Universität Augsburg, 2012 and 2016

“Let us wage a war on totality” – Jean-François Lyotard’s appeal has come to epitomize the postmodern condition. On the one hand associated with a contemporary avantgarde, on the other hand singularly engaged with popular and consumer cultures,  postmodernism is, fundamentally, an ongoing project of resistance towards mainstream – or any – ideology.

In this seminar, we explore postmodernist poetry with two aims in mind: the main focus is, of course, the literary text itself: we study the specific contents and forms of poetic expression with which authors interpret and develop the postmodernist project; the chosen texts will provide an overview of relevant U.S. American poetry that starts with the Beat movement, and leads up very much to the present-day, to question the fate of postmodern irony and playfulness in a post-9/11 age of global terrorism.

 Postmodernism, however, lives off interconnections and exchange; to do justice to this diverse culture this seminar does not treat poetry as an isolated phenomenon, but investigates its relations to other forms of cultural expressions such as performance, music, or the fine arts.

List of Texts and Topics:


  • The Beat Generation: Jazz and Poetry in Jack Kerouac’s Mexico City Blues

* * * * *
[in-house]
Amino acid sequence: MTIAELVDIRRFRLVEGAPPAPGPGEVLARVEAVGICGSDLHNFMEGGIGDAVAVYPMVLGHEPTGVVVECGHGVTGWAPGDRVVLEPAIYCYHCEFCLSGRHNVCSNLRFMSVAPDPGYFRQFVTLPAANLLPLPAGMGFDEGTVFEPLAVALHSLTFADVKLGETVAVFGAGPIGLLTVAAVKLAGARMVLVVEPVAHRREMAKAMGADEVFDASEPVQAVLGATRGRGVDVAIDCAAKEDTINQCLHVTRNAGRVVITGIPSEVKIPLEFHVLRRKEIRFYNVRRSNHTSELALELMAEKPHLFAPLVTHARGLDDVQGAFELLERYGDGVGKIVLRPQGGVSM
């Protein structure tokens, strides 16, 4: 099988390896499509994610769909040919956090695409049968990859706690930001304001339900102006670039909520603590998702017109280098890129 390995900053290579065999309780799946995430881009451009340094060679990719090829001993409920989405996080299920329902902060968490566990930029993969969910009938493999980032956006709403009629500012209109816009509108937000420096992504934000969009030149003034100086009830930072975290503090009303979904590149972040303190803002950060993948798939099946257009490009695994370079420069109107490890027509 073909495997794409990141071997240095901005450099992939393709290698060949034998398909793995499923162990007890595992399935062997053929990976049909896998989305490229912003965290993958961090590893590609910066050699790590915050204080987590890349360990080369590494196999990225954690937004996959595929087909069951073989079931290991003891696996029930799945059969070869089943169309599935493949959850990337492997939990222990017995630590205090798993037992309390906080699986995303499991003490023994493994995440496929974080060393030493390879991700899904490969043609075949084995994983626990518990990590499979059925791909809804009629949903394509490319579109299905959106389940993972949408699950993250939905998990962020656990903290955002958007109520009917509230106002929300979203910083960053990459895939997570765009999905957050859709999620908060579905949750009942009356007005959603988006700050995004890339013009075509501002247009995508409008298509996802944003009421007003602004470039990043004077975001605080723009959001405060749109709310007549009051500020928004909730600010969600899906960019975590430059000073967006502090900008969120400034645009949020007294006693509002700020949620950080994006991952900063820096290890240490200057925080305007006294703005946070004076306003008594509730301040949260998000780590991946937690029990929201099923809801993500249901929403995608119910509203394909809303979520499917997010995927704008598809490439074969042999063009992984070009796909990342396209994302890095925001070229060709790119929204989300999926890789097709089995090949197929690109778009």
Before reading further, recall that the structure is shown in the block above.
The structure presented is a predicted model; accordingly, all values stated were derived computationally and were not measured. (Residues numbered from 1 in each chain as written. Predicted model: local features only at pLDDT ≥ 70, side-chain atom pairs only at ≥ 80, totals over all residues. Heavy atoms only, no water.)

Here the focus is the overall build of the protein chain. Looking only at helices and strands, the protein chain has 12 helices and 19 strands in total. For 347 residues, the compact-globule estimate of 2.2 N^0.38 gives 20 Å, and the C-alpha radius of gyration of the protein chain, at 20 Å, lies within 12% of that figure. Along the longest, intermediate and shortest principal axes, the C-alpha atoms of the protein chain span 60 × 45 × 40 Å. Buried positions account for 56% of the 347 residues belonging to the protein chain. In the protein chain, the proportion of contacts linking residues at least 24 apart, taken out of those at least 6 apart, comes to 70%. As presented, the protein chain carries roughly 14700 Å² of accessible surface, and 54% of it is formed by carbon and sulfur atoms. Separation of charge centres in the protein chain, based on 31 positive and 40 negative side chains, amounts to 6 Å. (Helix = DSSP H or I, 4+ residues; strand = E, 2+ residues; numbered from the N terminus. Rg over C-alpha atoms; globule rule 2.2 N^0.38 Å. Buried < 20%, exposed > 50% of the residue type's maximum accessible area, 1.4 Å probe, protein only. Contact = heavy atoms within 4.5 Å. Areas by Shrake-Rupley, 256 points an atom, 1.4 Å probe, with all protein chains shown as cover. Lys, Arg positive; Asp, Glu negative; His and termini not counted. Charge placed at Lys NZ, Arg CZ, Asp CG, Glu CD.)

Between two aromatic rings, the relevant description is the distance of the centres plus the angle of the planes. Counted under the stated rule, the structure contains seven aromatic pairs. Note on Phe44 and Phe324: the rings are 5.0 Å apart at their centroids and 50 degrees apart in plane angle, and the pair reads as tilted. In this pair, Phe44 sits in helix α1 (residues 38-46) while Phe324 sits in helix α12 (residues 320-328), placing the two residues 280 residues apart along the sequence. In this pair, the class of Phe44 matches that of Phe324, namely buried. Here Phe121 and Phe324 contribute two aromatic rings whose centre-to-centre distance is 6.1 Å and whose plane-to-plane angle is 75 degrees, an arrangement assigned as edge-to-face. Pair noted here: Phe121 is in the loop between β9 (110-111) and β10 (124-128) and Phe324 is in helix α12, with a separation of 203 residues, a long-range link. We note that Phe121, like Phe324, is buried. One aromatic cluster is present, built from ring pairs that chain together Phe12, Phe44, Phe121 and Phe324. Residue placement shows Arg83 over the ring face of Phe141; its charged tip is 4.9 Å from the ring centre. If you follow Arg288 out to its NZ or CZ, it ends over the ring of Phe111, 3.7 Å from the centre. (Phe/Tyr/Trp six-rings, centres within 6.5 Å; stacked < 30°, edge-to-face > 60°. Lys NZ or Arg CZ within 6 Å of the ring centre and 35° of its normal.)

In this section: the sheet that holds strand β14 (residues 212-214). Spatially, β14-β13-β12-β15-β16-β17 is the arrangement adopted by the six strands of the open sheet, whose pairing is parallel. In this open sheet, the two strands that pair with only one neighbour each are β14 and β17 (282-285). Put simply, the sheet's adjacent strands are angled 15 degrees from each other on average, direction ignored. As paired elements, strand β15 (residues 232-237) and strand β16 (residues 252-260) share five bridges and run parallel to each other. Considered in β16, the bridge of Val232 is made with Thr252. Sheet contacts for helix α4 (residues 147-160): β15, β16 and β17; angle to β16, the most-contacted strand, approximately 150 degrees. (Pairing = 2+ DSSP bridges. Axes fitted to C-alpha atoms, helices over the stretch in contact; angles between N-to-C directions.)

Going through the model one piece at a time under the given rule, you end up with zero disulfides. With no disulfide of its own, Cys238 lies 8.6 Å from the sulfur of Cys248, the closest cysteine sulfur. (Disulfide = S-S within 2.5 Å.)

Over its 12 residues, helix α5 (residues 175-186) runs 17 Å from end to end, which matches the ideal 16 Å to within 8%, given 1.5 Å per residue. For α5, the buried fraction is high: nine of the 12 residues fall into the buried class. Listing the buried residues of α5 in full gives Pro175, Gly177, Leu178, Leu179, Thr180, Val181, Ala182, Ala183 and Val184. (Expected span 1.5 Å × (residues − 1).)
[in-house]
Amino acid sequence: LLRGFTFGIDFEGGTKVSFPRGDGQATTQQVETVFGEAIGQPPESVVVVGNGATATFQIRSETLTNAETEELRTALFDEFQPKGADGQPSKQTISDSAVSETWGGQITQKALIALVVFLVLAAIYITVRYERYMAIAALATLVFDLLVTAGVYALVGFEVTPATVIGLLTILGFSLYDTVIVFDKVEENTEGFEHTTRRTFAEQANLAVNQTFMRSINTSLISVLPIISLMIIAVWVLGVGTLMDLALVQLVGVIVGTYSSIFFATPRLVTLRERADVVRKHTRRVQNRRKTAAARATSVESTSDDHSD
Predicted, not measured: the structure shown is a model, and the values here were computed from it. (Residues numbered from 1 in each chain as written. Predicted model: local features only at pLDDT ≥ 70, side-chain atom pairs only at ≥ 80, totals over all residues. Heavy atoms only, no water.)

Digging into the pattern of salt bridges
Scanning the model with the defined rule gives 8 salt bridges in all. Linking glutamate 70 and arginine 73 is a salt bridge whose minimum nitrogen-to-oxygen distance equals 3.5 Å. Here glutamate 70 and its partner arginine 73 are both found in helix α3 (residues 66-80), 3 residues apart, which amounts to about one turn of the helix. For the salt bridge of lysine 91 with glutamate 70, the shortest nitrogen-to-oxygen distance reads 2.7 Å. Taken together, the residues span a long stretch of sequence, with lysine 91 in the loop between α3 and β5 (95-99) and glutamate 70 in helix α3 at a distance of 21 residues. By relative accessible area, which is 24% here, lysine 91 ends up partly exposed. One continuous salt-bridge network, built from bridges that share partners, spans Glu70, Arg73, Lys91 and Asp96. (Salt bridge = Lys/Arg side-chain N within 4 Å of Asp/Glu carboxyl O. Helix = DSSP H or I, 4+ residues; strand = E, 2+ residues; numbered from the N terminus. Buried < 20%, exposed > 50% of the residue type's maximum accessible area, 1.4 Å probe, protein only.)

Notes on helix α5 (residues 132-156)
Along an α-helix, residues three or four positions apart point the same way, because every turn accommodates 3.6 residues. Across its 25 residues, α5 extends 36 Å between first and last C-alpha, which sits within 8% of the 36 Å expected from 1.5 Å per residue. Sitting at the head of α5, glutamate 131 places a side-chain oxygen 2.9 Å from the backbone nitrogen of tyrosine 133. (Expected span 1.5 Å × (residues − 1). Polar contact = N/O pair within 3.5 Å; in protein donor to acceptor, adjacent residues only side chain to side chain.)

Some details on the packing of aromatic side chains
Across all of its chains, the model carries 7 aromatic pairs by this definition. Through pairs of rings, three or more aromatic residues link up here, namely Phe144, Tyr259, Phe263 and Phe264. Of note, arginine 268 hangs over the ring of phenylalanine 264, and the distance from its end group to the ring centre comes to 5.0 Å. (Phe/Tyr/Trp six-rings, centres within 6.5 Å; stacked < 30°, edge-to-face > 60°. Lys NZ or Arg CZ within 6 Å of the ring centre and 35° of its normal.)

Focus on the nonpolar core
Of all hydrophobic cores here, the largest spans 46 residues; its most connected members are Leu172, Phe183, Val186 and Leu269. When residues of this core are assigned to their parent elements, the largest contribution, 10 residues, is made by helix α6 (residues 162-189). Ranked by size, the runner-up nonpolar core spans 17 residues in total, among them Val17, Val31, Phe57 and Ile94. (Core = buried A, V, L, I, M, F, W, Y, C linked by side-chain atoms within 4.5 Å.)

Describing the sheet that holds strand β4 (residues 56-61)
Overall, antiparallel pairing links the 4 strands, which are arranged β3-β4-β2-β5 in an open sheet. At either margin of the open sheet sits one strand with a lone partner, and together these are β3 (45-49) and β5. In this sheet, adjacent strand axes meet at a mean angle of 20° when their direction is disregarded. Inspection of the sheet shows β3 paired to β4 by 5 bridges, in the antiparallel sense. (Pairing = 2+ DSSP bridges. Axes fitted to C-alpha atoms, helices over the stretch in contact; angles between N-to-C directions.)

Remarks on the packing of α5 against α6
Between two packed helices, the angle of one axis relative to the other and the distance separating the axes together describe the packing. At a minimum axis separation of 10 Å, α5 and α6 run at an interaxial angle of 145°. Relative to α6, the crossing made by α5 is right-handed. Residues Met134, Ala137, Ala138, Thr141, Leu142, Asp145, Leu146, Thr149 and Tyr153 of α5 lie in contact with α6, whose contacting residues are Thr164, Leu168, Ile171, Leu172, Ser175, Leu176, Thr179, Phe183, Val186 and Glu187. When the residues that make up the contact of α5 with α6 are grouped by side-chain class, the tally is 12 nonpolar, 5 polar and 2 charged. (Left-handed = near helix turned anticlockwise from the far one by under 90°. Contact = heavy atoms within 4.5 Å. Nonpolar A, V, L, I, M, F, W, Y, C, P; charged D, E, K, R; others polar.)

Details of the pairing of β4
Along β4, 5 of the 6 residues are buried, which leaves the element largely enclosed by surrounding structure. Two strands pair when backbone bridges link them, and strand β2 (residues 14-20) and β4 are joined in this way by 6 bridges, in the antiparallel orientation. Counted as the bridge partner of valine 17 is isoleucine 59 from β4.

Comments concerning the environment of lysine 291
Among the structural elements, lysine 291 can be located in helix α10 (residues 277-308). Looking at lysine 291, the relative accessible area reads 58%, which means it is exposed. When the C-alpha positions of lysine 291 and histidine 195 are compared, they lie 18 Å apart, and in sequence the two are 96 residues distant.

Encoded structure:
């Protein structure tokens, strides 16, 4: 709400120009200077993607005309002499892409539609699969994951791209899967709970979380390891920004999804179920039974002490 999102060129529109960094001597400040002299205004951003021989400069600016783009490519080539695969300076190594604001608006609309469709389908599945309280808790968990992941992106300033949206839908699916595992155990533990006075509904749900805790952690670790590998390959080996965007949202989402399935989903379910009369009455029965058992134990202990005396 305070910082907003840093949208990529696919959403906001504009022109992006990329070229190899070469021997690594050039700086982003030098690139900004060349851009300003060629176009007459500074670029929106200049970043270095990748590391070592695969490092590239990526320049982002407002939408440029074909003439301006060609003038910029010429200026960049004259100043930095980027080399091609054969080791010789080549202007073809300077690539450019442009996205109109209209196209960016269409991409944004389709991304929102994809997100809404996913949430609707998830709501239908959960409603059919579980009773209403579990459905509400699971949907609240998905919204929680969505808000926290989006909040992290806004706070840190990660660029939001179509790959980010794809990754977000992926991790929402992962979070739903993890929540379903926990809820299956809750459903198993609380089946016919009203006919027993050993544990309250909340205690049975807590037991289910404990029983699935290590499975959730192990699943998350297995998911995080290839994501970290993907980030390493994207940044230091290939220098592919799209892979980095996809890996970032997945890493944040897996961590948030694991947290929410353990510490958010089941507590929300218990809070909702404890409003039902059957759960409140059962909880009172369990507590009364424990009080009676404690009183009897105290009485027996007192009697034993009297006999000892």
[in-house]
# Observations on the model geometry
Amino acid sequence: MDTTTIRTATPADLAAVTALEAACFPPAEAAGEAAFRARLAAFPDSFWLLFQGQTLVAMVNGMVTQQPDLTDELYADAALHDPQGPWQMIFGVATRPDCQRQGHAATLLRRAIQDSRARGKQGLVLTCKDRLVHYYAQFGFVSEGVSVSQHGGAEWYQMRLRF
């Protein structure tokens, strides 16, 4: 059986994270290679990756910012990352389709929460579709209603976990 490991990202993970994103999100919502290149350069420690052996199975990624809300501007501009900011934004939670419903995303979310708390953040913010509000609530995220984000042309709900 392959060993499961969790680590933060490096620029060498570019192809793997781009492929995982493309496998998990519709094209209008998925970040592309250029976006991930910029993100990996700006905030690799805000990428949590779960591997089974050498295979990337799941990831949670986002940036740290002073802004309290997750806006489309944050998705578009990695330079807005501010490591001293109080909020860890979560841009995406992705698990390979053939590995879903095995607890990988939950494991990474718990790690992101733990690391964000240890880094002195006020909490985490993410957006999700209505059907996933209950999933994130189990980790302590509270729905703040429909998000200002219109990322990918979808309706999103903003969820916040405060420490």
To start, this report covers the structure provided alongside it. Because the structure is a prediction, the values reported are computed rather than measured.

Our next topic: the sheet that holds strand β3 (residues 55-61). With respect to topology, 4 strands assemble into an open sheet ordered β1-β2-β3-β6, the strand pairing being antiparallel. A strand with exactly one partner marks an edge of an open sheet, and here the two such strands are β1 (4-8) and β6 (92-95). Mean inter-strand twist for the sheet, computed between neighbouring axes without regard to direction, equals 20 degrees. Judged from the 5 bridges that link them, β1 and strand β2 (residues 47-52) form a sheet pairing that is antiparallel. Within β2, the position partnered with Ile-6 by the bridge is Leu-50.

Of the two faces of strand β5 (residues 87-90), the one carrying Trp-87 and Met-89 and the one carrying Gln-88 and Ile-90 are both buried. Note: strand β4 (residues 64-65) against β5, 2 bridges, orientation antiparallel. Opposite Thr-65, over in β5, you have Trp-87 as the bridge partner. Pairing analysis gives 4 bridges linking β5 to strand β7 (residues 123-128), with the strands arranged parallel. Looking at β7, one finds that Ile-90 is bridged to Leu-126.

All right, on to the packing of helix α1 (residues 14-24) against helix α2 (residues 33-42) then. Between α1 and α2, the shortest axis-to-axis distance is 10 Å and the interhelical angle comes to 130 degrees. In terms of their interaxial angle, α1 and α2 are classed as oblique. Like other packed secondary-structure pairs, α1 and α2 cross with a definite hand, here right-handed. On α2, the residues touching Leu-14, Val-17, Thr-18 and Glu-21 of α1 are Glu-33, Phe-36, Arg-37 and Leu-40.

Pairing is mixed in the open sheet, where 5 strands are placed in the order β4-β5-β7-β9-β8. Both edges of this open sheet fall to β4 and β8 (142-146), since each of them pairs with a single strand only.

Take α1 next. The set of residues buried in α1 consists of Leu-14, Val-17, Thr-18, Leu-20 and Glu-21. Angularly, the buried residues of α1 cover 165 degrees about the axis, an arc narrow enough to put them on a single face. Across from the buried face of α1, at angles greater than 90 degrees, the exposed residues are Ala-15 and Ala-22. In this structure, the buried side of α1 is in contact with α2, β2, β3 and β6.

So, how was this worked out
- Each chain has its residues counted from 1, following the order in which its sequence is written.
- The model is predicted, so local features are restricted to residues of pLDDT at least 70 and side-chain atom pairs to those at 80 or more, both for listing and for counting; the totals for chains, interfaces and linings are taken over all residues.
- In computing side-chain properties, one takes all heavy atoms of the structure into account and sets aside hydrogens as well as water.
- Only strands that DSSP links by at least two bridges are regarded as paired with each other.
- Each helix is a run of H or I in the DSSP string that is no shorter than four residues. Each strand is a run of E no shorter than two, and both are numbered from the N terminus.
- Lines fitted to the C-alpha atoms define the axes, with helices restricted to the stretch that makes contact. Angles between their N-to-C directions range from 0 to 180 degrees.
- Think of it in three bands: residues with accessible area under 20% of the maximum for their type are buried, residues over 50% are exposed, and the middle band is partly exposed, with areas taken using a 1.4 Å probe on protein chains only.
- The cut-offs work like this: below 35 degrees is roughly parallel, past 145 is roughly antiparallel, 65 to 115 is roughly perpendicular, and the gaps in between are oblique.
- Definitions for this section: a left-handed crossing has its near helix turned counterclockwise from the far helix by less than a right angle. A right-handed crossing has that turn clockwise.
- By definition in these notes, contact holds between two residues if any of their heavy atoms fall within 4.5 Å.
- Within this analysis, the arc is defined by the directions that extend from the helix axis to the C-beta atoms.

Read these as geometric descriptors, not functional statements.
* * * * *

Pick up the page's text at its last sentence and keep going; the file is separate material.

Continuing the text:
• Poetry & Abstract Expressionism: Michael McClure, “Ode to Jackson Pollock”
  • Projectivist Poetry:  Black Mountain College poetics
  • Love in Postmodern Poetry: James Laughlin, “The Inn at Kirchstetten” and Robert Duncan, “The Torso”
  • Poetry and Dance: Excerpts from John Cage’s “Sixty-Two Mesostics Re Merce Cunningham”
  • The New York Poets: Kenneth Koch, “Variations on a Theme by William Carlos Williams,” Ted Berrigan, Selected Poems from the Sonnets
  • Language Poetry: Lyn Hejinian, Excerpts from My Life
  • Poetry and Space: Jackson MacLow’s Poetic Spaces (A” Vocabulary for Anne Brigitte Gilles Tardos”)
  • Confessional Poetry: Robert Lowell, “Sailing Home from Rapallo,” “During Fever;” “Man and Wife;” Sylvia Plath, “The Applicant”
  • Performance Poetry: Dial-A-Poem and the Giorno Poetry Systems